Hannah Keyser > Junior > Ancient History > University of Pennsylvania
Applying to college is stressful. For most high school seniors, however, getting an acceptance letter is just the beginning of their anxiety. The thousands (or hundreds of thousands) of dollars it costs to get a higher education is often a concern, if not a deciding factor, when selecting a post-graduation path. Although the majority of students will have to confront this issue in one way or another, every year about 65,000 graduating undocumented immigrants do not have the saving grace that is financial aid or work study.
It is not illegal for undocumented immigrants to apply to college, and many who graduate from American high schools do so. However, because of their immigration status, these students cannot apply for federal financial aid, qualify for in-state tuition in 40 states, or legally hold a job to defray some of the expenses.
Many of these students, like Juan Gomez, who arrived from Columbia into JFK airport at only one year old, grew up in America after being brought here by their parents.
“As I progressed through the American school system, I picked up more and more American attributes,” Gomez, a finance and operations and information management major at Georgetown University, remembers. Among these was a desire to go to a top school like those his classmates aspired to. Gomez says he realized that he simply didn’t have the same opportunities.
“The problem was both financial and how some schools factored in the financial standing of undocumented students into their admission decisions,” he says, “Some schools don’t allow undocumented students to apply altogether.”
Maria Marroquin, who immigrated from Peru with her parents and sister when she was 13, recalls a similarly disheartening experience of watching friends leave for top tier universities and knowing even the schools she had been accepted to were not a viable option because of financial restrictions.
Both students enrolled their freshmen year at local community colleges. Marroquin spent five years paying her own way as an international student at community college, only able to afford one or two classes a semester, before finally graduating with an associate degree in social sciences and a 3.9 GPA. “Those five years were really difficult because I felt I would never finish,” she remembers, but she was unwilling to burden her parents with the tuition cost.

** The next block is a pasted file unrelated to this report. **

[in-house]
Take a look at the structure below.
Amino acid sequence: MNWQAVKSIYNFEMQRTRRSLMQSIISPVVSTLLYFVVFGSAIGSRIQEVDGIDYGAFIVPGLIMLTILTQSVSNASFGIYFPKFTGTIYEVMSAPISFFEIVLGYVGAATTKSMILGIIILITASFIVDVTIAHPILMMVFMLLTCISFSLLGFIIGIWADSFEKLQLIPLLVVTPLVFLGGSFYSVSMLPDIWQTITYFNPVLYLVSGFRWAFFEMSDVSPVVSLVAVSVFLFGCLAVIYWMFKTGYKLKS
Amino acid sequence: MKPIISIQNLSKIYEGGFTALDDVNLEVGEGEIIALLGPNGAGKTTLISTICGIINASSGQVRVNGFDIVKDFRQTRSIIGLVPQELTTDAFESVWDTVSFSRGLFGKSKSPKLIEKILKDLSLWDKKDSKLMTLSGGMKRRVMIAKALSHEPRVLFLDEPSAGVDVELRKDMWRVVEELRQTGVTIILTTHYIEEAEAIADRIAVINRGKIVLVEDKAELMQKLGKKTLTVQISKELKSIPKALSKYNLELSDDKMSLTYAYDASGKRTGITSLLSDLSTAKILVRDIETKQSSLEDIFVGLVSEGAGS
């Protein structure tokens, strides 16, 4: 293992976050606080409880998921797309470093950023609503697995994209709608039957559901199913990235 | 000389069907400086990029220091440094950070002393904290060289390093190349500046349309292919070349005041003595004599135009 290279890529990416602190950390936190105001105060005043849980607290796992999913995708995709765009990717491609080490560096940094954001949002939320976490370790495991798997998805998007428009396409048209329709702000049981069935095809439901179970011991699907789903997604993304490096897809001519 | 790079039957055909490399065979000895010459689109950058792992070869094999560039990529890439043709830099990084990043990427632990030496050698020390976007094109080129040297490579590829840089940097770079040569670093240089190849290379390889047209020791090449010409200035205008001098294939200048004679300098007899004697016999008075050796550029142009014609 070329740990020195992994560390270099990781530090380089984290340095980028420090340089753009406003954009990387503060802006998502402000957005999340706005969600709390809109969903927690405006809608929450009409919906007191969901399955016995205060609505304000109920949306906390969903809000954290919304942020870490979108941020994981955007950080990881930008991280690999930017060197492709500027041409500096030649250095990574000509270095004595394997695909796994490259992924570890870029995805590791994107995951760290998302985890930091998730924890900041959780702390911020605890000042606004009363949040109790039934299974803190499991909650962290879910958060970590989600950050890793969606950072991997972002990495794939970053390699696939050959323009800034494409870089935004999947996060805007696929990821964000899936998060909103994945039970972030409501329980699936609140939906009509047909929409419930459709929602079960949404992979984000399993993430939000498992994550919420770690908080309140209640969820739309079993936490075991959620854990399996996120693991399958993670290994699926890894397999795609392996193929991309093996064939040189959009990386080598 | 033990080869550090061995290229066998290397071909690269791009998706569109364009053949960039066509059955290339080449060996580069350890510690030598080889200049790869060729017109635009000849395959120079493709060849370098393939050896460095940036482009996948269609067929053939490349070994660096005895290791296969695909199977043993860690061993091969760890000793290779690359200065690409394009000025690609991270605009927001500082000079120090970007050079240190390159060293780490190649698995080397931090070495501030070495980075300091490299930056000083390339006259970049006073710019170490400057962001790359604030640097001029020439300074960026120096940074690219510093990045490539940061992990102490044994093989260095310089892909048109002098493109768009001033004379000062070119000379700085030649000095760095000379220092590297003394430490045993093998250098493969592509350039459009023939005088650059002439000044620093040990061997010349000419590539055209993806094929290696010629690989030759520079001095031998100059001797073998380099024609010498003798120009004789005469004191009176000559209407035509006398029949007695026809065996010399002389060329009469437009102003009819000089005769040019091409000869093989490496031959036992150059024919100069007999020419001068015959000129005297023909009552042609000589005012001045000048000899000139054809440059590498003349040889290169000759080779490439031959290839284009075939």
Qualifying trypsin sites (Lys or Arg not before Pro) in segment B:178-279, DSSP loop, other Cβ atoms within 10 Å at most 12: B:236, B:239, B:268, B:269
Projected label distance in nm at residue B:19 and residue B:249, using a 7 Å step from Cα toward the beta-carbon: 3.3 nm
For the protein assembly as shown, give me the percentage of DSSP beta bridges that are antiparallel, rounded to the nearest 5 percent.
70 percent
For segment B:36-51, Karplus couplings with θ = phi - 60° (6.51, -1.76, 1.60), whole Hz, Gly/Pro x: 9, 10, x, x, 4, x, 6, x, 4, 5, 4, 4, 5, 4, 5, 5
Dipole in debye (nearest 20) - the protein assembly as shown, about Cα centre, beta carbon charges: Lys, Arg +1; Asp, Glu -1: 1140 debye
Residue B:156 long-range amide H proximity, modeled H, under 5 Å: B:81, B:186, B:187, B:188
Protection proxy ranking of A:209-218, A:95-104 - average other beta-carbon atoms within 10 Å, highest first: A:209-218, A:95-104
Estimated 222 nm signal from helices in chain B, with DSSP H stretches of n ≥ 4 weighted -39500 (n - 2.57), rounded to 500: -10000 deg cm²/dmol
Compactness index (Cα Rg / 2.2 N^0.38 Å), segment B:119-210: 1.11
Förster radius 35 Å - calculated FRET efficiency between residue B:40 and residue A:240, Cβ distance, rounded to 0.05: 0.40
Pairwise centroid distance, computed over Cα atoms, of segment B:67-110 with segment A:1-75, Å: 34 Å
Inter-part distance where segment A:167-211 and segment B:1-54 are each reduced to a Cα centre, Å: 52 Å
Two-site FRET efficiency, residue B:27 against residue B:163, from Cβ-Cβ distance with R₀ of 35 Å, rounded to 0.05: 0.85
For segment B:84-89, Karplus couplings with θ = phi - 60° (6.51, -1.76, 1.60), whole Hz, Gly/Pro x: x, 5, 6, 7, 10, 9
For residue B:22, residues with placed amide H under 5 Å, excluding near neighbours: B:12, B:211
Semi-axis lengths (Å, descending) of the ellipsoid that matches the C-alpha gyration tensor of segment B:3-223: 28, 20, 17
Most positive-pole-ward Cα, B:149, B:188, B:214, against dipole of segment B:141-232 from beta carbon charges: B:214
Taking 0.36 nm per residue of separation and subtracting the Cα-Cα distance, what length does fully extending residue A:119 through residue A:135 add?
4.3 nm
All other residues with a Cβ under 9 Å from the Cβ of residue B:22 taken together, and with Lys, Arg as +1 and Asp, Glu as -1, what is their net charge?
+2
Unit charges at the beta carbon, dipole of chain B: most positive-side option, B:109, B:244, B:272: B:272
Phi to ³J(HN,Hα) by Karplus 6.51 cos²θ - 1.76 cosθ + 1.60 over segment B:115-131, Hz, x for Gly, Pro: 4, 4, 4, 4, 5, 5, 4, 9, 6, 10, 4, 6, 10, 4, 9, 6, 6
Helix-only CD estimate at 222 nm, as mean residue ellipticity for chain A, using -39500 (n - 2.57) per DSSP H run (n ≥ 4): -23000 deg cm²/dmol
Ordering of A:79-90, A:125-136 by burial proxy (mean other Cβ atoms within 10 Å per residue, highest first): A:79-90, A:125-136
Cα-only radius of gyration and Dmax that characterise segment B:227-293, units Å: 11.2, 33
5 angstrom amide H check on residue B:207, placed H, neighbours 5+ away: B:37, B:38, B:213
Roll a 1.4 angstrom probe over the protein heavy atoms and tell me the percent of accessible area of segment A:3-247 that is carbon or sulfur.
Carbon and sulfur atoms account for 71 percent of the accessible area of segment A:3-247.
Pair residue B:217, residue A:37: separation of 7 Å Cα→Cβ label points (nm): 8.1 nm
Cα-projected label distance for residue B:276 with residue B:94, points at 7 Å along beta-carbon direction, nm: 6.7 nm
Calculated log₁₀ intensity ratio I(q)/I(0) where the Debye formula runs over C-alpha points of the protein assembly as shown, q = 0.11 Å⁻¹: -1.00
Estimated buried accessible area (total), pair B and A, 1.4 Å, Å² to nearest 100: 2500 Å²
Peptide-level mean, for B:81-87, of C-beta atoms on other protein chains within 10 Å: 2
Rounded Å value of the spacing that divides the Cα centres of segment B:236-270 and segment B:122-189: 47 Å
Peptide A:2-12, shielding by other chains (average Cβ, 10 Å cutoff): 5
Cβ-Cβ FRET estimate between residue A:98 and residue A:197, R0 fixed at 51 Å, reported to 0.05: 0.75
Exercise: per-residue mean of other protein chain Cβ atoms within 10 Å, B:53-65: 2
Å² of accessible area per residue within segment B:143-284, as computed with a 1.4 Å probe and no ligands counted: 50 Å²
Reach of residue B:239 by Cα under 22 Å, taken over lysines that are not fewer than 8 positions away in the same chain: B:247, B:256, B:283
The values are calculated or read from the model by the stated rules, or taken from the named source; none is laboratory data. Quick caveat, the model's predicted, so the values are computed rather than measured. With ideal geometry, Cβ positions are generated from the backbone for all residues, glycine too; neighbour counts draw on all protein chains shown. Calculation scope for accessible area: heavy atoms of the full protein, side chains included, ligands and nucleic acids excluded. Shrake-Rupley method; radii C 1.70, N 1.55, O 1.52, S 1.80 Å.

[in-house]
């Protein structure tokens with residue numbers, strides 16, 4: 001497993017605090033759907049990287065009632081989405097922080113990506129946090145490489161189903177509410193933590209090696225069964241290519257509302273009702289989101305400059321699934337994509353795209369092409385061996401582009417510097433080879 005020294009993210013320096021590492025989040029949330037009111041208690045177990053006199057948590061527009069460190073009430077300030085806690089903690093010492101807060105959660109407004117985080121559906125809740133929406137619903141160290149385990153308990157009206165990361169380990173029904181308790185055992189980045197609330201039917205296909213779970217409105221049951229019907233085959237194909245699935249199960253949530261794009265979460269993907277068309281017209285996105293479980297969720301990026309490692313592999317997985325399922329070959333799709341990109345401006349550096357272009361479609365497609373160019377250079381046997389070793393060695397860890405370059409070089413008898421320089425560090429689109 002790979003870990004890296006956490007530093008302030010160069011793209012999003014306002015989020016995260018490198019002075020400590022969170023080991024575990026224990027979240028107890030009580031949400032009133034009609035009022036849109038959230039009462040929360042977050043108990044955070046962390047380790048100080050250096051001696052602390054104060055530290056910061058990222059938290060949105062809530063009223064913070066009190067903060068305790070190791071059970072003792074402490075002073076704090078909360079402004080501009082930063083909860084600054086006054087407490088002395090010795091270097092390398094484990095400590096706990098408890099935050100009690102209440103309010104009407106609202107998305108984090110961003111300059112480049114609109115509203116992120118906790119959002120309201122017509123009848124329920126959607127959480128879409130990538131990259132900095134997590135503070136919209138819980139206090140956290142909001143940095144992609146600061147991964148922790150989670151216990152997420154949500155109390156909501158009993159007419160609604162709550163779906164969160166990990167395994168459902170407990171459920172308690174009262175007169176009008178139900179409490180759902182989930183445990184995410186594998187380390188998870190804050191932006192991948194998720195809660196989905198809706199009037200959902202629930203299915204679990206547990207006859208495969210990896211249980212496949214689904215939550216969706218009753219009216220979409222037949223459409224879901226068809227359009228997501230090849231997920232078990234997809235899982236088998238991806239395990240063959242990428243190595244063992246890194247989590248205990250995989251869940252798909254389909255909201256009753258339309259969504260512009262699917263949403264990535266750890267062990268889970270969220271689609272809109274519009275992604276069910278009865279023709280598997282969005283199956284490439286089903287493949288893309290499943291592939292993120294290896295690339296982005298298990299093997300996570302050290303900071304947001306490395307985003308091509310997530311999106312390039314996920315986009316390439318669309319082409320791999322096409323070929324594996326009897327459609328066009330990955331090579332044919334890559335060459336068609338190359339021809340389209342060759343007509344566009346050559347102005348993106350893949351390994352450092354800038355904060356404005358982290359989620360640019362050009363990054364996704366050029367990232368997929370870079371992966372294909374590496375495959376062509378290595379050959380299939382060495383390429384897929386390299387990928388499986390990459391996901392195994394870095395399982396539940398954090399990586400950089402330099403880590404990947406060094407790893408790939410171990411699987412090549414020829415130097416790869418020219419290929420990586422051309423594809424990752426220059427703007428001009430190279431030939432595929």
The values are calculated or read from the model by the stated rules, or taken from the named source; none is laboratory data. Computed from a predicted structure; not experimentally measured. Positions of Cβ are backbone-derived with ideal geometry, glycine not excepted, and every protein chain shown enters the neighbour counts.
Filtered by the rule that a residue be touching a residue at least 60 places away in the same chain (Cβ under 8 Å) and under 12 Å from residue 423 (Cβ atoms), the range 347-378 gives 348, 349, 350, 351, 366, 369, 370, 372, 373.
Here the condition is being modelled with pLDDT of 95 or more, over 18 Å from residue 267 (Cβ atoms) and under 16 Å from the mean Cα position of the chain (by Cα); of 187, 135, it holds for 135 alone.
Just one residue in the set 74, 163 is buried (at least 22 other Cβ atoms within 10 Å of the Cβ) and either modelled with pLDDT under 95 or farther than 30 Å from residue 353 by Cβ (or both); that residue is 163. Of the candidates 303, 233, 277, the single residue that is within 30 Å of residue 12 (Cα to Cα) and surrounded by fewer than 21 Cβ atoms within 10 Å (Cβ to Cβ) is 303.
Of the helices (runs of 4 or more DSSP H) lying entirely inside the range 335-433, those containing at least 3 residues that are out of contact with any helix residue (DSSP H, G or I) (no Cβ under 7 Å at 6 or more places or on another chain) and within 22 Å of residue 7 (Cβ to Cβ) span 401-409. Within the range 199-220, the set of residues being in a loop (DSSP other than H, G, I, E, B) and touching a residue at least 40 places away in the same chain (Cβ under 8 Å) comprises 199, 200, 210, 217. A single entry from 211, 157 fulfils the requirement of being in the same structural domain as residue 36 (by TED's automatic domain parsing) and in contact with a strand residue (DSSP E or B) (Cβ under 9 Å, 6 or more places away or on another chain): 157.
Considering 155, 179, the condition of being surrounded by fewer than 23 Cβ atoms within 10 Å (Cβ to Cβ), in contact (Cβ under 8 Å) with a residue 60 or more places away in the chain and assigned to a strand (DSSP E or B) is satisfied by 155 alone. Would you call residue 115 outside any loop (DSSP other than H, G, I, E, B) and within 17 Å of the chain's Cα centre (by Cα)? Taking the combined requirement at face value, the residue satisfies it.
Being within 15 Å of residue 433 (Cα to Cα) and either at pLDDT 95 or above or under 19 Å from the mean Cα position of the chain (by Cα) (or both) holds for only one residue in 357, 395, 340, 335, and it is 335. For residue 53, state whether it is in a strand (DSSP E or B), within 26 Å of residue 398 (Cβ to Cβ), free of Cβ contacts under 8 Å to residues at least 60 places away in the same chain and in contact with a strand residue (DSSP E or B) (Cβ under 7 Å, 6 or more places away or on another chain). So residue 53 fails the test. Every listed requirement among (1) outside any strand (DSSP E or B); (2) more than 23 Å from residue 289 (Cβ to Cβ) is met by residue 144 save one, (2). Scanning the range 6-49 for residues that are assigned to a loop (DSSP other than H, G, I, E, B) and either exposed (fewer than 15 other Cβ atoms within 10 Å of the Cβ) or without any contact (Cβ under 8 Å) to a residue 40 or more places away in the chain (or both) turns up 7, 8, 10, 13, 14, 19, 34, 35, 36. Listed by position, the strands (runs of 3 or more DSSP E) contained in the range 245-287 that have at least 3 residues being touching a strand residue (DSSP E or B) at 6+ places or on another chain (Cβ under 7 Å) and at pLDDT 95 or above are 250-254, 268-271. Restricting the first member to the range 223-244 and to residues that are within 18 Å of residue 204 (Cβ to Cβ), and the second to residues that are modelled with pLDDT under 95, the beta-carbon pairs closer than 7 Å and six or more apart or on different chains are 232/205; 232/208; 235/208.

After one year at community college, Gomez was accepted as a transfer to Georgetown and received a school-funded scholarship. However, Gomez’s parents had been deported the summer after his senior year of high school; Gomez and his brother were only able to remain in the U.S. on behalf of a private bill submitted by Senator Chris Dodd from Connecticut and initiated by his friends’ national campaign. Gomez says living without his parents ever since has been one of his biggest obstacles.
Through their own experiences and through the stories of other undocumented minors, both Gomez and Marroquin have been inspired to become involved in the proposed DREAM Act.
The Development, Relief and Education of Alien Minors Act is a bipartisan effort to provide undocumented immigrants who meet certain qualifications with the same opportunities to attend college as their peers. In order to be covered by the DREAM Act, individuals must have entered the United States when they were younger than 16 years old, have lived within the U.S. for at least five years, have received either their high school diploma or GED, must be between the ages of 12 and 35, and be of “good moral character.”
If the DREAM Act is passed, qualified students would be granted six years of conditional permanent residency. During this time, they must complete at least two years of undergraduate study or two years of military service. If these stipulations are met, after five and a half of the six years have passed, the individual will then be able to apply for legal permanent residency and consequently will be able to apply for United States citizenship.
Most importantly, the act is designed to not only benefit the individual with funding for college, but also to ensure that immigrants who grew up in the U.S. are able to gain the citizenship status necessary to apply their education to a career.
Students looking to get involved can look into local rallies and marches like those attended by Gomez, or log on to Dreamactivist.org, a group co-founded by Marroquin as a forum for undocumented minors.
The DREAM Act has been passed over in Congress several times, but Gomez has faith it is only a matter of time: “These students are very resilient and are tired of living in the shadows,” he says.
The DREAM Act rewards immigrants who were not old enough to understand the legal issues surrounding their entry into the country for their hard work: graduate high school and begin college or military service and they can “earn” their citizenship. Do you think this kind of direct reciprocity is fair? Should there be more, fewer, or different qualifications and requirements necessary to earn citizenship?
Images courtesy of nysylc.org and eltecolote.org.